Endocrine Abstracts (2007) 14 P604

Excess mortality in women with pituitary disease: results of a meta-analysis

Eigil Husted Nielsen, Jörgen Lindholm & Peter Laurberg

Dept. of Endocrinology, Aalborg Hospital, Aarhus University Hospital, Aalborg, Denmark.

Background: Several studies of rather heterogeneous groups of patients have shown an increased mortality in patients with pituitary diseases. In patients without hypersecretion of growth hormone or ACTH the increased mortality has mostly been attributed to pituitary insufficiency. Some studies have suggested sex-specific differences in standard mortality rates (SMR) whereas others have shown increased cardiovascular and/or cerebrovascular mortality. A recent study of patients who had undergone surgery for non-functioning pituitary adenoma showed a normal SMR in men, whereas SMR was significantly increased in women. We explored this sex related difference by a meta-analysis.

Material and methods: We performed an internet-based meta-analysis using major medical science databases of MedLine, Embase and Web of Science to identify publications on mortality in patients with pituitary disease. Both Thesaurus-term and free-text searches were applied. Articles were required to provide exact information on standard mortality rates in both men and women separately, 95% confidence interval (CI) and a well-defined normal reference population. Studies including patients with Cushing’s disease or acromegaly were excluded as were studies with a majority of patients carrying a diagnosis of craniopharyngioma. Sex-specific overall SMR values for men and women in the meta-analysis were calculated as weighted averages of SMR from individual studies, using the inverse variance method. An additional analysis of association between first year of inclusion of new patients and SMR values in each study was also performed.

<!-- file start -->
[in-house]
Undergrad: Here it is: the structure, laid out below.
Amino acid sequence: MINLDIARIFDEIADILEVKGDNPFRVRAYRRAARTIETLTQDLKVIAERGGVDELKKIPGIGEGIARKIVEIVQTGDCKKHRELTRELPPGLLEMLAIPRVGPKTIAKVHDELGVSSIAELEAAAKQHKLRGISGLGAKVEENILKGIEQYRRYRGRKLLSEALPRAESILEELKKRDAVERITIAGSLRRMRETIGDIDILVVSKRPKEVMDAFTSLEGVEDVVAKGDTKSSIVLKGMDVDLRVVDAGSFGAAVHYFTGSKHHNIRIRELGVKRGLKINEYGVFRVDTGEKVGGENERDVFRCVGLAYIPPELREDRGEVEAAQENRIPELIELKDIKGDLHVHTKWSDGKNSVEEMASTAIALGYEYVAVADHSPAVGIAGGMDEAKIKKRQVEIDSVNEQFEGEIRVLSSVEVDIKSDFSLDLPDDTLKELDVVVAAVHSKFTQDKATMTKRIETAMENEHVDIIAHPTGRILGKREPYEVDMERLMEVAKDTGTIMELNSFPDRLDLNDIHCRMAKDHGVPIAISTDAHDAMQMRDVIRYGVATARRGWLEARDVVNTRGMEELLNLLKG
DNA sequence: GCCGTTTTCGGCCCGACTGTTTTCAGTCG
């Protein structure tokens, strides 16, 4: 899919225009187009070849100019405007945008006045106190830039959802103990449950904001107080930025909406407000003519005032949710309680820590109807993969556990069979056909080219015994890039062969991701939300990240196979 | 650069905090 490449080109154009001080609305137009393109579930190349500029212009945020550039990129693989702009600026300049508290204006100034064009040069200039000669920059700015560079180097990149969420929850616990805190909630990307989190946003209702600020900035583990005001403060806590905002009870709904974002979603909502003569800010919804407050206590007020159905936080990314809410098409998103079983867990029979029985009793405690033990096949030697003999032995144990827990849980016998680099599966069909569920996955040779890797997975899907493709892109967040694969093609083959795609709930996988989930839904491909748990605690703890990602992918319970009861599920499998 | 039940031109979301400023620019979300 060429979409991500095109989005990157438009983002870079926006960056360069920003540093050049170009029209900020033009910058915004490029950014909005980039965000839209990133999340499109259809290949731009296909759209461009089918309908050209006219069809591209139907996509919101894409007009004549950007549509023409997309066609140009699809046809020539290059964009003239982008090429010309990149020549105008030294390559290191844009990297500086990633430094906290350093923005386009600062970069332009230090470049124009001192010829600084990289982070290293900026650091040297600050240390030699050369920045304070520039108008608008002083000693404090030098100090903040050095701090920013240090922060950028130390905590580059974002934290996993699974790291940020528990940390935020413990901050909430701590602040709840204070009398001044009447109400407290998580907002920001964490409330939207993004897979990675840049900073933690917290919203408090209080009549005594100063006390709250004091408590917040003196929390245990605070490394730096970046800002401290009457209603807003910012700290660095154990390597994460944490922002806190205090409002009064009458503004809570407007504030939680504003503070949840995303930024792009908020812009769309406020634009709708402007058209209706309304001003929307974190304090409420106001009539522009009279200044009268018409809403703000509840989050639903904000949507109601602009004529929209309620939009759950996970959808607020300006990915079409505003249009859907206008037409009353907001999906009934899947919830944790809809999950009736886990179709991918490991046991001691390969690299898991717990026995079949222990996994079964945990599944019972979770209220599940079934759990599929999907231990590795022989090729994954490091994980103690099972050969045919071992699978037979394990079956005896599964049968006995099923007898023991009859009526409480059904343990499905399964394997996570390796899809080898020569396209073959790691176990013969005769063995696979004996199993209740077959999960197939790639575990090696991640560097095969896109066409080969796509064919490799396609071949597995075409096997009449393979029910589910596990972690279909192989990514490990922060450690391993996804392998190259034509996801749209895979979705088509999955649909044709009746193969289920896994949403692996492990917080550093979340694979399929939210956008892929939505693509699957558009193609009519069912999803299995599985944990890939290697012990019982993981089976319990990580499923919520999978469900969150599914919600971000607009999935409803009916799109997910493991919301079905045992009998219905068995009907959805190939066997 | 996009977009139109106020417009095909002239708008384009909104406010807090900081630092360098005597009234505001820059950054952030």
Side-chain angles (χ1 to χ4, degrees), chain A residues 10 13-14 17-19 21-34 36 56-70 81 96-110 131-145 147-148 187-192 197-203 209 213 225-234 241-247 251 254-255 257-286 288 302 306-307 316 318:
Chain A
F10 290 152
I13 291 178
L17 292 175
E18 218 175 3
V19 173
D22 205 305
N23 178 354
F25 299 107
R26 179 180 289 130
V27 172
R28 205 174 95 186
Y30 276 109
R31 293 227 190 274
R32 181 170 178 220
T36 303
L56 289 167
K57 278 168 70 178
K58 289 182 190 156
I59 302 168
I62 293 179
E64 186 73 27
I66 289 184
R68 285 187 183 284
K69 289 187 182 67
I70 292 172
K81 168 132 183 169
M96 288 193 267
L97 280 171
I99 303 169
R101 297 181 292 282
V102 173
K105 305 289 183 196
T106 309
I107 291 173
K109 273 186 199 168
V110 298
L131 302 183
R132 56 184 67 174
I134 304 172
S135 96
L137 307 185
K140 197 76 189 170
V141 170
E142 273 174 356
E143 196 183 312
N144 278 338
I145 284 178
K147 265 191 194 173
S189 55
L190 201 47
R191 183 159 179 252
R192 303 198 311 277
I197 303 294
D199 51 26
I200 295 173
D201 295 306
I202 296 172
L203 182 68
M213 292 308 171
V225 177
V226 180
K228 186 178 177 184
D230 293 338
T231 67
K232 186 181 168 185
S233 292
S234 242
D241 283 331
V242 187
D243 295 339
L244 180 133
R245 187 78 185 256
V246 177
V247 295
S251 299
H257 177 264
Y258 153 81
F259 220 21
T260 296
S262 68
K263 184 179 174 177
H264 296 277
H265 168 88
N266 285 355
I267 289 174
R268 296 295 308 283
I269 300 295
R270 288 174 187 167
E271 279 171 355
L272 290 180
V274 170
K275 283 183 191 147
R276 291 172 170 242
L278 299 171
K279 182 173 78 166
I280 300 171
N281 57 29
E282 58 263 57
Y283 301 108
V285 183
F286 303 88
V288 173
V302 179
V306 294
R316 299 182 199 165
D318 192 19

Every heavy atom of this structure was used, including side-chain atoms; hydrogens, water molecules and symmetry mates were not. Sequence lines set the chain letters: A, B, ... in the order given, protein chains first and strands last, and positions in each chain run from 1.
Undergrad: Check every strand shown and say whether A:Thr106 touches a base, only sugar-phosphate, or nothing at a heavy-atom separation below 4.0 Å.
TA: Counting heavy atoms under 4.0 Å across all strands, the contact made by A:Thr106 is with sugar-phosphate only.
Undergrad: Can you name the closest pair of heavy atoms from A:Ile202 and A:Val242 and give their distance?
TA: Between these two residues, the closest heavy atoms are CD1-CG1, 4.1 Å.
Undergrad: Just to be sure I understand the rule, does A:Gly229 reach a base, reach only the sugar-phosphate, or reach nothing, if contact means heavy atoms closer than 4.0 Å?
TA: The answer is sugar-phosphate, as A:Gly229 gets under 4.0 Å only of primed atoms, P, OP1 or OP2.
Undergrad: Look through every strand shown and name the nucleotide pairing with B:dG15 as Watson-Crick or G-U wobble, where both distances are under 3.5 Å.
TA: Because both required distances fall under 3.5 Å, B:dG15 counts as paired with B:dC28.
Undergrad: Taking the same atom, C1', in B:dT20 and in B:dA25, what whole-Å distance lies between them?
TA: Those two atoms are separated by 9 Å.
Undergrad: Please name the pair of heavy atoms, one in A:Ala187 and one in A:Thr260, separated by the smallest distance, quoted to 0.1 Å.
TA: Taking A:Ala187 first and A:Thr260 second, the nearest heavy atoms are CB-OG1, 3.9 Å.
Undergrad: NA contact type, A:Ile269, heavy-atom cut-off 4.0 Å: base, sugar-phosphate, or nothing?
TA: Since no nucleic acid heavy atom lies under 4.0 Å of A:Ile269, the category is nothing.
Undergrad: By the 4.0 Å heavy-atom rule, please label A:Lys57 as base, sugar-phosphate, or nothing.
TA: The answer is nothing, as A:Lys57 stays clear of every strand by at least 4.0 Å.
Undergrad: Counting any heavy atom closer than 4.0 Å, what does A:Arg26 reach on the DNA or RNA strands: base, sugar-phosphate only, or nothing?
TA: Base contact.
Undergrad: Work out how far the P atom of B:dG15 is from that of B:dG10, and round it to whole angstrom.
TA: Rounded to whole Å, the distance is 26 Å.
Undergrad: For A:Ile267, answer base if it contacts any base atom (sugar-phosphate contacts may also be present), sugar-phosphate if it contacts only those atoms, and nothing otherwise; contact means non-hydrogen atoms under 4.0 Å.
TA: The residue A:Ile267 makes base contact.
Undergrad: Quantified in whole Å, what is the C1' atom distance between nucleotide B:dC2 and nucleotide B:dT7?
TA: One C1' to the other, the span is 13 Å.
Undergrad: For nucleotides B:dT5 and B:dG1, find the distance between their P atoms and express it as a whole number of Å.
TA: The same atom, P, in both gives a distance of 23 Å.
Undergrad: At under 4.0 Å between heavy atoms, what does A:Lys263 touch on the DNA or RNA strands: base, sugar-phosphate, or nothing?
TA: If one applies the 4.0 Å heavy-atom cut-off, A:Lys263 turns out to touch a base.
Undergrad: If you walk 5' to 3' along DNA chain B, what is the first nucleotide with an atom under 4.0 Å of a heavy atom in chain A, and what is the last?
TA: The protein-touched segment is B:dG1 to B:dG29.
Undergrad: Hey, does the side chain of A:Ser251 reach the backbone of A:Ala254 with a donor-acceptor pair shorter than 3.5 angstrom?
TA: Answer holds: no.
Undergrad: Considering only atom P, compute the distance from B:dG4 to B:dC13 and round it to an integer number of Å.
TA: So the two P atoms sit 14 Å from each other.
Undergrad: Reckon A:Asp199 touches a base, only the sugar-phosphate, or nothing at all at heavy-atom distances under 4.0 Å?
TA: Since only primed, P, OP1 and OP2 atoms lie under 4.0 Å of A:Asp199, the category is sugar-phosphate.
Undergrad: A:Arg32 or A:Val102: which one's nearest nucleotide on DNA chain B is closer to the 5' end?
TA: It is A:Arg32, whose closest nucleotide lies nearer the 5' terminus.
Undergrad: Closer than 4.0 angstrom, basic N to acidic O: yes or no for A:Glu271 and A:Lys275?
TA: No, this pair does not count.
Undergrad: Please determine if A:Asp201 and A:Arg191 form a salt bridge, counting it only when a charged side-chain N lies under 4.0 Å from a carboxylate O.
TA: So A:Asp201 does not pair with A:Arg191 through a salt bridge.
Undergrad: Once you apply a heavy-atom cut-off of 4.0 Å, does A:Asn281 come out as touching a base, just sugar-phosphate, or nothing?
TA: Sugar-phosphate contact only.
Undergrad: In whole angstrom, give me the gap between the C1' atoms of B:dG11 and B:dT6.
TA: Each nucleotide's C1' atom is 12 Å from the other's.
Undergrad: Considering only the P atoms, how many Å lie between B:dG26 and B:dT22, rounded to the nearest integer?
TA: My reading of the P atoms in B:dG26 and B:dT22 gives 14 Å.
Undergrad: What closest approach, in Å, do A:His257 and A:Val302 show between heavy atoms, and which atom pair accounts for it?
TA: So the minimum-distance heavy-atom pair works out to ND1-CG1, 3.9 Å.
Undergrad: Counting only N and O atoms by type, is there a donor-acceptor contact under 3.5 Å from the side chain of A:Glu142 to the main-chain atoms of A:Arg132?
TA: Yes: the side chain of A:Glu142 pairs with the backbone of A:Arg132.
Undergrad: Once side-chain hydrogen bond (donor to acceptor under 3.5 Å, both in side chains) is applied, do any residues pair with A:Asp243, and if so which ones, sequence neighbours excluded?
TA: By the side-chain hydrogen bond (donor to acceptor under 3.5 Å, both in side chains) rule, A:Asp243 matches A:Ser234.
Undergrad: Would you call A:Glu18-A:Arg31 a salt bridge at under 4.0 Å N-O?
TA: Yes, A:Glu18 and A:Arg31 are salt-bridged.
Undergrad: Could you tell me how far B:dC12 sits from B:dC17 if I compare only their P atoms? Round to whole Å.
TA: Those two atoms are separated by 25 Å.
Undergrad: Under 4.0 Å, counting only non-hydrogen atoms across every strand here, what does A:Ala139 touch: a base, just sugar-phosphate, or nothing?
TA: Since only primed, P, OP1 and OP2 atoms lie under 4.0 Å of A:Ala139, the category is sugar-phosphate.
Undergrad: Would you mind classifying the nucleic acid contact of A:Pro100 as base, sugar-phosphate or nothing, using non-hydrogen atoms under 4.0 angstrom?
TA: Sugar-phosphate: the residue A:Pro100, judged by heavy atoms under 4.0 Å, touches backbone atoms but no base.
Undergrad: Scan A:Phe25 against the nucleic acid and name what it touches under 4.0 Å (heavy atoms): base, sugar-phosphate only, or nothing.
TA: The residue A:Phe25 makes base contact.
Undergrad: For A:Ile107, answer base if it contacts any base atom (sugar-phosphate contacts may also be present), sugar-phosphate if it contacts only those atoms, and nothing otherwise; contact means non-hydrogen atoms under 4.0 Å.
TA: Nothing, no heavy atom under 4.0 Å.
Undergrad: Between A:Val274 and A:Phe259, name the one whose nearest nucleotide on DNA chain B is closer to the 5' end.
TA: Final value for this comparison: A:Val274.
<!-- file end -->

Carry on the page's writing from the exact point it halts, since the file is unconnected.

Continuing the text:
Results: Six studies fulfilled our criteria for inclusion in the meta-analysis. The weighted overall SMR for men was calculated to 2.06 (CI: 1.94–2.20), whereas weighted SMR for women was 2.80 (2.59–3.02). Mortality rates were thus significantly higher than in the reference population in both men and women, and SMR in women was significantly higher than in men. Analysis of association between first year of inclusion of new patients and SMR showed a statistically significant negative correlation in men reaching a normal value in the most recent study. In women SMR was always higher and did not normalize in recent studies.

Conclusion: Our meta-analysis showed that SMR is increased in both men and women with pituitary disease, with a significantly higher SMR in women than in men. SMR seems to be reaching normal levels in male patients treated in recent decades, whereas SMR is still clearly elevated in women. The reason for this is unknown, but most likely the high mortality in women reflects suboptimal diagnosis and/or suboptimal therapy of pituitary insufficiency.

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